Labeling

A dietary supplement labeling guide is available for viewing on FDA’s intranet.

  1. All dietary supplement products (with the exception of exempt products) labeled after March 23, 1999, are subject to the labeling requirements of Title 21 Code of Federal Regulations Section 101.36 (21 CFR 101.36). Exemptions from the requirement for nutrition labeling include dietary supplement products manufactured by firms that meet the small business exemptions (21 CFR 101.36 (h)(1)(2), e.g., low volume products, and products shipped in bulk (21 CFR 101.36(h)(3)(see ATTACHMENT A)).
  2. Firms that believe they are entitled to an exemption from nutritional labeling for low-volume dietary supplement products for small businesses must file a notice claiming the exemption and provide the information necessary to verify their exempt status to the Center for Food Safety and Applied Nutrition/Office of Nutrition, Labeling and Dietary Supplements (CFSAN/ONLDS), unless they are automatically exempt. The home district for the firm receives a copy of the firm's notice and ONLDS’ acknowledgement.
  3. A dietary supplement must be identity labeled using the term “dietary supplement” or an alternative form permitted by regulation (see 21 CFR 101.3(g)). For example, an appropriately descriptive term indicating the type of dietary ingredients in the product could be used to replace the word “dietary” (such as herbal supplement, or herbal supplement with vitamins, etc.).
  4. Dietary supplements that contain botanical ingredients must also comply with specific nomenclature rules for the botanical ingredients that specify how the botanical ingredients must be identified and that require that the part of the plant used (e.g., root, leaves, etc.) be disclosed (See 21 CFR 101.4(h)).
  5. Dietary supplement products in solid oral dosage form, e.g., tablets or capsules, that contain added iron or iron salts for use as an iron source must bear a label warning statement (21 CFR 101.17(e)(1)). In 1997, FDA finalized a rule that required unit-dose packaging of dietary supplements containing added iron and iron salts (see 21 CFR 111.50 (a)). On January 21, 2003 the US Court of Appeals for the 2nd Circuit issued a decision that FDA lacked authority to issue the regulation and remanded the case to the District Court to fashion an appropriate remedy. On May 9, 2003, the Court entered an order declaring the regulation invalid. FDA withdrew the unit-dose packaging regulation in the October 17, 2003 Federal Register(68 FR 59714).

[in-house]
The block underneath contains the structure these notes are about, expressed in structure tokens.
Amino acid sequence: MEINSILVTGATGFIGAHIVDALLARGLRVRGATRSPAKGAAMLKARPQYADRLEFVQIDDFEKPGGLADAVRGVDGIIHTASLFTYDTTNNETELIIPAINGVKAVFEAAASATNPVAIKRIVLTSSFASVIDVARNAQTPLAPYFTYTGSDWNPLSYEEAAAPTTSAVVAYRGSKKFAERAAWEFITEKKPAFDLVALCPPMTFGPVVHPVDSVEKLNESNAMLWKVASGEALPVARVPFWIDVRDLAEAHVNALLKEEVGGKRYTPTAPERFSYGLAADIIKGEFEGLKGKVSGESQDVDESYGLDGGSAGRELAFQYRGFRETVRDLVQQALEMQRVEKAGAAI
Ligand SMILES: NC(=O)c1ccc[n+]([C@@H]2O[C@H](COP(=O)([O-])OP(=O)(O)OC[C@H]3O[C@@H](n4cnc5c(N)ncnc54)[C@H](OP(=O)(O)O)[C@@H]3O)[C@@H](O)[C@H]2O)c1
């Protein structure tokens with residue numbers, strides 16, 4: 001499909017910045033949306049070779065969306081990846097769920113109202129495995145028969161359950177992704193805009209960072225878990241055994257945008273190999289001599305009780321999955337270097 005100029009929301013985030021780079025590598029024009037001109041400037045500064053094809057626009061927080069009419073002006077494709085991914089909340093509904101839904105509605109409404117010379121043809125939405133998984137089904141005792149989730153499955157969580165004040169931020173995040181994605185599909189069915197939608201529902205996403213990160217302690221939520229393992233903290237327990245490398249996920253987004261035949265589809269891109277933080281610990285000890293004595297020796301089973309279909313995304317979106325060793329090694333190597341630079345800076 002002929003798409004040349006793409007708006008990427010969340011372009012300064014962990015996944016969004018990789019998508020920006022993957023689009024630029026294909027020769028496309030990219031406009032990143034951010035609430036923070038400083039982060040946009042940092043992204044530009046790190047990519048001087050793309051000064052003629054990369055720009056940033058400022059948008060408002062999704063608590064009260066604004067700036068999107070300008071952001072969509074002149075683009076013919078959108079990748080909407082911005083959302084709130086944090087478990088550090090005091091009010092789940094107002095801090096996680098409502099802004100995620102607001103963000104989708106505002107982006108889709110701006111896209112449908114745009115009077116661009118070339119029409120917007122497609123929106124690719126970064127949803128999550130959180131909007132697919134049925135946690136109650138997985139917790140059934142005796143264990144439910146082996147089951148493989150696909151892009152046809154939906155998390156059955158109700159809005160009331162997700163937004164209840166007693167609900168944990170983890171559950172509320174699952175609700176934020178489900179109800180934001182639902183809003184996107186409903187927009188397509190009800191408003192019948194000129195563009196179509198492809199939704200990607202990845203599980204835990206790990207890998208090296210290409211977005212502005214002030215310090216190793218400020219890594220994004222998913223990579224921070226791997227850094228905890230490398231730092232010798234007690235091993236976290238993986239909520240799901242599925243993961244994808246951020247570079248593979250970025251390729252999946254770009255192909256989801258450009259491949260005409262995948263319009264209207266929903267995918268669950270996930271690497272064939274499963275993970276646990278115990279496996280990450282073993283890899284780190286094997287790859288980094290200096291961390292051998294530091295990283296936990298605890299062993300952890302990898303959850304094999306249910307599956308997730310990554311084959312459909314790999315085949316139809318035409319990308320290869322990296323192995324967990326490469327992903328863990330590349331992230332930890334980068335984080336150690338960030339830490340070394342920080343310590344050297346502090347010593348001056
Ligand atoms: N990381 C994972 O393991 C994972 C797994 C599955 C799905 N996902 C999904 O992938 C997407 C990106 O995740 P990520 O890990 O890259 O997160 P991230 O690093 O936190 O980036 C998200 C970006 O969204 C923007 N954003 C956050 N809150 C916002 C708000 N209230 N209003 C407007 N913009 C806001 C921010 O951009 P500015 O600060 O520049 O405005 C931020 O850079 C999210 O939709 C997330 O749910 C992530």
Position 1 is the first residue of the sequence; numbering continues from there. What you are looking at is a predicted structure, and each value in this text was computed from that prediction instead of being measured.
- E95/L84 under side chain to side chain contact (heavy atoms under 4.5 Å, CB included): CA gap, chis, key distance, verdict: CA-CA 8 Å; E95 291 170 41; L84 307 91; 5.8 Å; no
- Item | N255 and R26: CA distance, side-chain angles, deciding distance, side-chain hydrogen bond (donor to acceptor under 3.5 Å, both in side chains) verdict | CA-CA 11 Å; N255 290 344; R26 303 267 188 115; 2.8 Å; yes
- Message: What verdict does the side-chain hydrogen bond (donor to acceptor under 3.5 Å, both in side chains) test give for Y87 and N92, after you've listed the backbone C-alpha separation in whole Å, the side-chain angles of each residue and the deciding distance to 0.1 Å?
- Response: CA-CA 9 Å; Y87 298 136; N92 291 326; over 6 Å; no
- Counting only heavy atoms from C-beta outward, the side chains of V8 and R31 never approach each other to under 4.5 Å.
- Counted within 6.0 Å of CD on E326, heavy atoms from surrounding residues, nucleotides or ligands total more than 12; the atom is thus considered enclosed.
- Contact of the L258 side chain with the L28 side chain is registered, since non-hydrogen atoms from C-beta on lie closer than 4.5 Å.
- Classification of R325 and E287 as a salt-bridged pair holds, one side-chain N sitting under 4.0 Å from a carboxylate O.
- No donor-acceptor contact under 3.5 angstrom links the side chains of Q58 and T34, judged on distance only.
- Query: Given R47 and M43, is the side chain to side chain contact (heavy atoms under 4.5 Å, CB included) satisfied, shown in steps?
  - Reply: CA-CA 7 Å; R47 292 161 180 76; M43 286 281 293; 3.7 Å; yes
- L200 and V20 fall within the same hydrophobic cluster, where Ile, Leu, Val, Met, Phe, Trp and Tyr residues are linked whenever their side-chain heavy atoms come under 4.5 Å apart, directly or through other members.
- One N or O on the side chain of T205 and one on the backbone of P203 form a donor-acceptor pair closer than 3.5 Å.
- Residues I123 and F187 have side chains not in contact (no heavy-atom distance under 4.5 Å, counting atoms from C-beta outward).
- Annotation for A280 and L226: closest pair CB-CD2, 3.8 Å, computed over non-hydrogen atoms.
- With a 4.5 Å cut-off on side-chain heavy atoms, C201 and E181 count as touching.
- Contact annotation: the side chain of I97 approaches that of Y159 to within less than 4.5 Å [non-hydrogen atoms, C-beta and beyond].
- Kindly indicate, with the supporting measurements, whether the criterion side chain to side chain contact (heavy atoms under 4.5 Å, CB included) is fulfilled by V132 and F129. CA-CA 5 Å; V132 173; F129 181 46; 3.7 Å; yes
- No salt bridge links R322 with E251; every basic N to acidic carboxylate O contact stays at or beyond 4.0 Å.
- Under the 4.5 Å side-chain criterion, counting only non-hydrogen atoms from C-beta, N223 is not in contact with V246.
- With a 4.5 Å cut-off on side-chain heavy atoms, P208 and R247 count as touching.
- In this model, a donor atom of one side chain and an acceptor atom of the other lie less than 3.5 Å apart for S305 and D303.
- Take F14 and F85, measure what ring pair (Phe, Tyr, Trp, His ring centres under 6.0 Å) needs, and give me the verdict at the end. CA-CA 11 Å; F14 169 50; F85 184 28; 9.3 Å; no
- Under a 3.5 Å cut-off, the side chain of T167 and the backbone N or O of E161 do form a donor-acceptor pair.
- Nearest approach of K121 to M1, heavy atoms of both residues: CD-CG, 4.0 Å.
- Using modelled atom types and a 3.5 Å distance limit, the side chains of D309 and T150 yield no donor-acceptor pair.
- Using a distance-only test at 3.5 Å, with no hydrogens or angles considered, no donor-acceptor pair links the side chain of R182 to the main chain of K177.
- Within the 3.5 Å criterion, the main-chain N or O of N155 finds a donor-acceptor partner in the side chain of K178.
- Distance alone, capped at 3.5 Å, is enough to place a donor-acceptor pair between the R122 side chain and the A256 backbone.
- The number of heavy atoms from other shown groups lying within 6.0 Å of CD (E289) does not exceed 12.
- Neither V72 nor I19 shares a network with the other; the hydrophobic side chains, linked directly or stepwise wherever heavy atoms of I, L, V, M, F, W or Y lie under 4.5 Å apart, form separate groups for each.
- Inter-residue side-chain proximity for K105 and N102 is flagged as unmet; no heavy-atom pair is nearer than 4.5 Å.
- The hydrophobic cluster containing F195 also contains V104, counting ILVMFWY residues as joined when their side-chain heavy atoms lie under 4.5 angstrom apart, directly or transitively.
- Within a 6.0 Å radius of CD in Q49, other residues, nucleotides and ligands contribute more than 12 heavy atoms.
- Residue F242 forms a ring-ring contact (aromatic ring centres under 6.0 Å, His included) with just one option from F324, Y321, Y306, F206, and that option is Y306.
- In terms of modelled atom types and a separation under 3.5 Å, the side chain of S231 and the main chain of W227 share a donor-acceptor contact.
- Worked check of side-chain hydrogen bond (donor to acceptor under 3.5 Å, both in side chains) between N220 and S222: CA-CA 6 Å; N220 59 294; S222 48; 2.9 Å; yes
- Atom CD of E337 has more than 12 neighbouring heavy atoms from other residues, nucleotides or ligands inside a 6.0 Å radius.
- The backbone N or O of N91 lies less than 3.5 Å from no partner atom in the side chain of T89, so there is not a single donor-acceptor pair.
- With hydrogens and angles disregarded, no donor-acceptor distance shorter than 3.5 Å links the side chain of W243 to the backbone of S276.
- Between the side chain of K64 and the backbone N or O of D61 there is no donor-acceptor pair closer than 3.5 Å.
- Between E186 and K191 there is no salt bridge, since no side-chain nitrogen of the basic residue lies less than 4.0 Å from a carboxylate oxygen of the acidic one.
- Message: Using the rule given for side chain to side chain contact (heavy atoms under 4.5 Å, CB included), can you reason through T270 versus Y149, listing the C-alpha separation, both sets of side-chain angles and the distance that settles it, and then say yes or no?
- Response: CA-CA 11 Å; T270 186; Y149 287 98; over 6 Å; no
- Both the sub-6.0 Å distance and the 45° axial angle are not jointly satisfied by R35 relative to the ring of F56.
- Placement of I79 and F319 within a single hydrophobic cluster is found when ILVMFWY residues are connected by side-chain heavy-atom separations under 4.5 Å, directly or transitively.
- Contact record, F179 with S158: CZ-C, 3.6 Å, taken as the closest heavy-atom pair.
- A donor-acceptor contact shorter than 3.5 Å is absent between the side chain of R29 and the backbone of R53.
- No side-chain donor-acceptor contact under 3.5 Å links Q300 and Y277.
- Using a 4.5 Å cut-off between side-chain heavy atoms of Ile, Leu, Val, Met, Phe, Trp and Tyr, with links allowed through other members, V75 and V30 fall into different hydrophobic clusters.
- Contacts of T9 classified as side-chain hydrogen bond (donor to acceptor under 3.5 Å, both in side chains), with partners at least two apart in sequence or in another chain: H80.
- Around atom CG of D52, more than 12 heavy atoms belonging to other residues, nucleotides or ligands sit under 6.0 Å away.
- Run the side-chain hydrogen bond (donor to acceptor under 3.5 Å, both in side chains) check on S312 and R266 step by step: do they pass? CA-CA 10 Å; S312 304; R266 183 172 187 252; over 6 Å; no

6. The Farm Security and Rural Investment Act of 2002 (Pub. L. 107-171) (Farm Bill) added section 403(u) to the Act. This new paragraph states that a dietary supplement is misbranded if it purports to be or is represented as ginseng, unless it is an herb or herbal ingredient derived from a plant classified within the genus Panax. Therefore, the term “ginseng” may only be considered to be a common or usual name (or part thereof) for any herb or herbal ingredient derived from a plant classified within the genus Panax. This means some ingredients that are not Panax spp., but which have included the word “ginseng” as part of their common or usual name may no longer do so. For example, the plant Eleutherococcus senticosus has also been called Siberian Ginseng. Under new section 403(u) of the Act, this botanical could not use the term “ginseng” in its common or usual name but instead would need to be named in accordance with the requirements of 21 CFR 101.4(h).
  7. Dietary supplements also need to meet the allergen labeling requirements in the Food Allergen Labeling and Consumer Protection Act of 2004 (Pub. L. 108-282) which require the disclosure of major food allergens. For dietary supplements, major food allergens, if present, may be disclosed in the “other ingredient” list or within the supplement facts panel, if a dietary ingredient.